- Install anti-slip flooring. This is especially important for facilities where liquids are frequently used. If this isn’t an option, make sure drip pans and guards are in place at any workstation where liquids are being used.
- Keep work areas and emergency exits clear. Clutter blocking exits is dangerous in the event of evacuation; clutter blocking equipment shutoffs can be deadly in the event of equipment error or misuse; and a cluttered work space can lead to employees not having enough space to use equipment properly or pick up heavy objects.
- Eliminate fire hazards. This means only using the amount of a combustible material needed for the task at hand; storing chemicals safely away from sources of ignitions; and storing waste in metal bins and disposing of it daily. Also, make sure extinguishers are easily accessible and in working condition.
- Consider the Purchase of industrial vacuums. This goes hand-in-hand with eliminating fire hazards. Combustible dust is prevalent in plants, and sweeping dust doesn’t eliminate it, which can easily cause an explosion if it catches fire.
- Review the use of fall nets, toe boards, and toe rails. This can help stop objects (and sometimes people) from falling. And always keep your heaviest items on the lowest shelves.
- Secure heavy equipment. Equipment that could topple over onto someone needs to be bolted down or otherwise secured.
Depending on your particular line of manufacturing, you may also consider automation through advanced robotics. While automation was generally regarded as a way to improve efficiency and productivity, it’s now being employed to increase safety as well. Robots can perform unsafe tasks, including hazardous material handling, welding, or simply just working on assembly lines doing repetitive tasks that wear down a workers’ joints and muscles.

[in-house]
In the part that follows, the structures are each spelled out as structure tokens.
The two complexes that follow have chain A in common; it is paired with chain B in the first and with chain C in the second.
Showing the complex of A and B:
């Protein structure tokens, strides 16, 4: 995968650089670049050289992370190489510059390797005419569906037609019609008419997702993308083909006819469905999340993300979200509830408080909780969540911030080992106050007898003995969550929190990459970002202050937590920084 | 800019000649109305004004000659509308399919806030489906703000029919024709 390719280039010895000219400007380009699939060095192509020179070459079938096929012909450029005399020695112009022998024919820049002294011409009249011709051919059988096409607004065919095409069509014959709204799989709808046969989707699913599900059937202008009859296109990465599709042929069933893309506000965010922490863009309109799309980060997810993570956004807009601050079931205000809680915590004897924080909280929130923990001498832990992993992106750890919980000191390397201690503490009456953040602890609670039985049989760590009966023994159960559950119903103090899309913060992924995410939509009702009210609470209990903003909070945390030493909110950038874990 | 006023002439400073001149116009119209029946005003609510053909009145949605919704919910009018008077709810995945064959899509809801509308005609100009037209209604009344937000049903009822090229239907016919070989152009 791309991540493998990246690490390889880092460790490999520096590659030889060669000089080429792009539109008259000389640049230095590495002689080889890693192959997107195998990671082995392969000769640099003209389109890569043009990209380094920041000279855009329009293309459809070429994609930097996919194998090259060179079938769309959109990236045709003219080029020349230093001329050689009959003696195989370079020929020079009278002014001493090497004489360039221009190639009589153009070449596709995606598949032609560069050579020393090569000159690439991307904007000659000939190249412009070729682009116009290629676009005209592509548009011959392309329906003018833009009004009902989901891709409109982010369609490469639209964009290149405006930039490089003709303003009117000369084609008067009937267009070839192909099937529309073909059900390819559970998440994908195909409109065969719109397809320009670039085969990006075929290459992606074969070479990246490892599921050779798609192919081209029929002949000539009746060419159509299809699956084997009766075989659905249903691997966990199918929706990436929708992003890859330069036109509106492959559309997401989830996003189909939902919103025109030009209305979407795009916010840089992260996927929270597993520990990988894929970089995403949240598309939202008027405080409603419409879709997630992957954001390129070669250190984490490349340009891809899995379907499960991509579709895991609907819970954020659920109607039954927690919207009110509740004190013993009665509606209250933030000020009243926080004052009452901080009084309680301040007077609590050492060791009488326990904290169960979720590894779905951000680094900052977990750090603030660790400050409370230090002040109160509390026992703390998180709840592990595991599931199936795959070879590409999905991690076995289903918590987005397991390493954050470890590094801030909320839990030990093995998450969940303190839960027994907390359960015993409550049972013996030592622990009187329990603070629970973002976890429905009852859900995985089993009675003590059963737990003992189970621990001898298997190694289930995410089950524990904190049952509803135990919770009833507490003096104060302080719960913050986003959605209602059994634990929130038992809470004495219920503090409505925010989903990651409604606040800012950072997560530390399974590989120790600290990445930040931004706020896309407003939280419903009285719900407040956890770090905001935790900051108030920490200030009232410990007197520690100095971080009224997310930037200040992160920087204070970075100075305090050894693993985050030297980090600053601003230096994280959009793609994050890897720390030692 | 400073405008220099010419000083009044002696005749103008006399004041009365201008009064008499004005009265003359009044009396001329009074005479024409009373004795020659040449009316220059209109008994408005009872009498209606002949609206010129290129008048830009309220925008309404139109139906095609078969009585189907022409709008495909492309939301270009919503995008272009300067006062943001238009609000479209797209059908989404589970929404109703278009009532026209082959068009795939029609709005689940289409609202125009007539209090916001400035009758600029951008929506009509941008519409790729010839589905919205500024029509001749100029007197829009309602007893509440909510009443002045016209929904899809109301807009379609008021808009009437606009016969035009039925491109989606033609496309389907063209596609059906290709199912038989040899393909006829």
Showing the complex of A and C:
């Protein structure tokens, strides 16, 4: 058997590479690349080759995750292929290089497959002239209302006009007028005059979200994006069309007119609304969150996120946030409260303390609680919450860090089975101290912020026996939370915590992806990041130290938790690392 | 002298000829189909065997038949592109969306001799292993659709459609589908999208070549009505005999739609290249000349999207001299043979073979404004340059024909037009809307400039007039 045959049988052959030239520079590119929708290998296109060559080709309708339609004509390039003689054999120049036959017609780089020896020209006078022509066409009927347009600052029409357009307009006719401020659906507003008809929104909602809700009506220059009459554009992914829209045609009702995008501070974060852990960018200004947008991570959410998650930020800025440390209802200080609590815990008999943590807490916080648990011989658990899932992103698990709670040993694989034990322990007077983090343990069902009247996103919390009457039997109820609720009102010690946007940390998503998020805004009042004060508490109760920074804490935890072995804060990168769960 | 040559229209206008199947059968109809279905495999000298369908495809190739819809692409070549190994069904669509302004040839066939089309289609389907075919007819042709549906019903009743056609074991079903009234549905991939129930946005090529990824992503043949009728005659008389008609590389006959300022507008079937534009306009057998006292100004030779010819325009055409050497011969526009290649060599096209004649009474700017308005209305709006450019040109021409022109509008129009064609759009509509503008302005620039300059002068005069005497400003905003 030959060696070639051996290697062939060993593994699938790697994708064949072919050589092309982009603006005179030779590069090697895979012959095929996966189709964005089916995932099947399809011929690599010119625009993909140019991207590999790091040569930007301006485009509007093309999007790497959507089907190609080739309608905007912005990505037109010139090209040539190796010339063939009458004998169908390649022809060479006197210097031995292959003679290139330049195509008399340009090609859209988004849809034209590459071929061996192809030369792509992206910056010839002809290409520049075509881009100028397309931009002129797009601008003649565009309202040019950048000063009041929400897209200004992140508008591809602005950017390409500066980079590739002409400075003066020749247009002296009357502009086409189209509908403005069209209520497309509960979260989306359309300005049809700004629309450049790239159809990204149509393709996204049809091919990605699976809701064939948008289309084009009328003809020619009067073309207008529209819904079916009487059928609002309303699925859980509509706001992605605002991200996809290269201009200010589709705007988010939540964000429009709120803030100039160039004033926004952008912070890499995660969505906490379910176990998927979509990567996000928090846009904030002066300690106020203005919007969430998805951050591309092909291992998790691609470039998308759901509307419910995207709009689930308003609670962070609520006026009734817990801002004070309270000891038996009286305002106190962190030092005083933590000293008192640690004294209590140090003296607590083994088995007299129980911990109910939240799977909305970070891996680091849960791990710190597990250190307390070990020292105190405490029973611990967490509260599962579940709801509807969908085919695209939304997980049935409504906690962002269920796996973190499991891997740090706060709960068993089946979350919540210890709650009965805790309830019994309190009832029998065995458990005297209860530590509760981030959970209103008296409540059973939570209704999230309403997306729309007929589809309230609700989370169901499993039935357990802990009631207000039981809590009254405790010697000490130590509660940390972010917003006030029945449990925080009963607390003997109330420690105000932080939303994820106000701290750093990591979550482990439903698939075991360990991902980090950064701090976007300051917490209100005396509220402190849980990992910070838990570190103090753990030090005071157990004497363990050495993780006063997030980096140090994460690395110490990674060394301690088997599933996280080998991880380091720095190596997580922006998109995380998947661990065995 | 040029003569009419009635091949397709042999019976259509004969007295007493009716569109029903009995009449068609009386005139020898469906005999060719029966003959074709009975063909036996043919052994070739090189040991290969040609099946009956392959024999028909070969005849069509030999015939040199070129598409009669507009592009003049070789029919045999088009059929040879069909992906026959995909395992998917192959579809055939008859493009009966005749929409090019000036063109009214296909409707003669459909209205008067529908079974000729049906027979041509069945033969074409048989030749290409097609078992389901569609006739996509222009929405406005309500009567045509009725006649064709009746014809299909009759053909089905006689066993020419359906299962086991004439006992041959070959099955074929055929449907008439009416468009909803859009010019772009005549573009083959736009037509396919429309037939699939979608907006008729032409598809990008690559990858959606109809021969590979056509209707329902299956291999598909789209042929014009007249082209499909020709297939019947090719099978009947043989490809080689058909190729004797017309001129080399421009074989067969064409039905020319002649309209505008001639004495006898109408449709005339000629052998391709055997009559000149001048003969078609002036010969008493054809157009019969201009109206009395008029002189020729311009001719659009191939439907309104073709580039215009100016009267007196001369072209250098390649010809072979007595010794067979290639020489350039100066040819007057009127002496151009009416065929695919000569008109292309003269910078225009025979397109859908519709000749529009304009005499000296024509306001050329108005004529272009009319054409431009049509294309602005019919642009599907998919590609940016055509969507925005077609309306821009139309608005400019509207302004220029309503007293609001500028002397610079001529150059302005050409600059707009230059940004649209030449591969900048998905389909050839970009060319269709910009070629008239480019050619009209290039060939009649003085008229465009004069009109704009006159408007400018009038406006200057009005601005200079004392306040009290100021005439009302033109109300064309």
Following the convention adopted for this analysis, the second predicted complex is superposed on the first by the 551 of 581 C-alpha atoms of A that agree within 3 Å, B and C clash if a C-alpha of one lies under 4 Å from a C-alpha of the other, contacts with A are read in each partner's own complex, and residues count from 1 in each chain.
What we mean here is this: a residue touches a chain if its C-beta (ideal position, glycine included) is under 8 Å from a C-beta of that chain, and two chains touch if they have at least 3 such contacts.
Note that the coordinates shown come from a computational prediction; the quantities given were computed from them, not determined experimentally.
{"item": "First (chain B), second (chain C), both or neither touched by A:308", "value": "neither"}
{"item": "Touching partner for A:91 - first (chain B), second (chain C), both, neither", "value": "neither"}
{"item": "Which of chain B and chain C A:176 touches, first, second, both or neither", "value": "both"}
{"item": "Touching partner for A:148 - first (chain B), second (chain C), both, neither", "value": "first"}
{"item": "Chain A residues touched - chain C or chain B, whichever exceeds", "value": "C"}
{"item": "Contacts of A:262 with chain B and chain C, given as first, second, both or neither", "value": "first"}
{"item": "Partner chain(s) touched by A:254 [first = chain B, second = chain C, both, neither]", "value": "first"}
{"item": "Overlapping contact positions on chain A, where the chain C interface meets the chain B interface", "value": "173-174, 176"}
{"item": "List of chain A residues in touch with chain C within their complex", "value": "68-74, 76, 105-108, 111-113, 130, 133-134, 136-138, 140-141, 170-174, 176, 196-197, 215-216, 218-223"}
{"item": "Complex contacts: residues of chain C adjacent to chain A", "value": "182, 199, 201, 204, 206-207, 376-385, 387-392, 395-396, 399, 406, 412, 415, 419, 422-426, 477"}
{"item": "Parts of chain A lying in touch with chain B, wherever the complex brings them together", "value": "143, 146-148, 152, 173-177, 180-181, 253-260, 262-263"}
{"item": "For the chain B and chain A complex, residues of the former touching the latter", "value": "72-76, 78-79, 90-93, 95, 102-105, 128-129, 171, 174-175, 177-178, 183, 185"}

Everyone, at every level, needs to be held accountable for safety. You can’t rely on safety manager(s) to operate in a vacuum (and if you don’t have a safety manager, consider appointing or hiring one). To encourage accountability, set up the following:
- Define responsibilities. Employees should know what aspects of plant safety they are responsible for, and have goals and plans for themselves and their area or department. You may also consider forming a safety committee consisting of individuals across departments who meet regularly to discuss protocols and dangers.
- Encourage reporting. Employees should be encouraged to report unsafe conditions immediately, and supervisors must react swiftly. Employees should also be encouraged to suggest safety protocols; after all, they’re on the floor every day and have first-hand knowledge of the work performed. Lastly, provide multiple reporting options in case an employee is afraid to go right to the top. A chain of command, to ensure supervisors are held accountable, is one such option.
- Take breaks. Tired workers are more apt to make mistakes and less likely to spot hazards. Enforce regular breaks to keep them more alert.
The national reduction in workplace injuries across the country and in California is encouraging, but SMMs must remain vigilant. Knowing the most common hazards, how to prevent them, and encouraging a safety of culture will help to further reduce (and hopefully one day eliminate) injury cases. One last suggestion: remember to celebrate your successes! Making your safety efforts known will help keep employees motivated and give them more incentive to keep up the good work.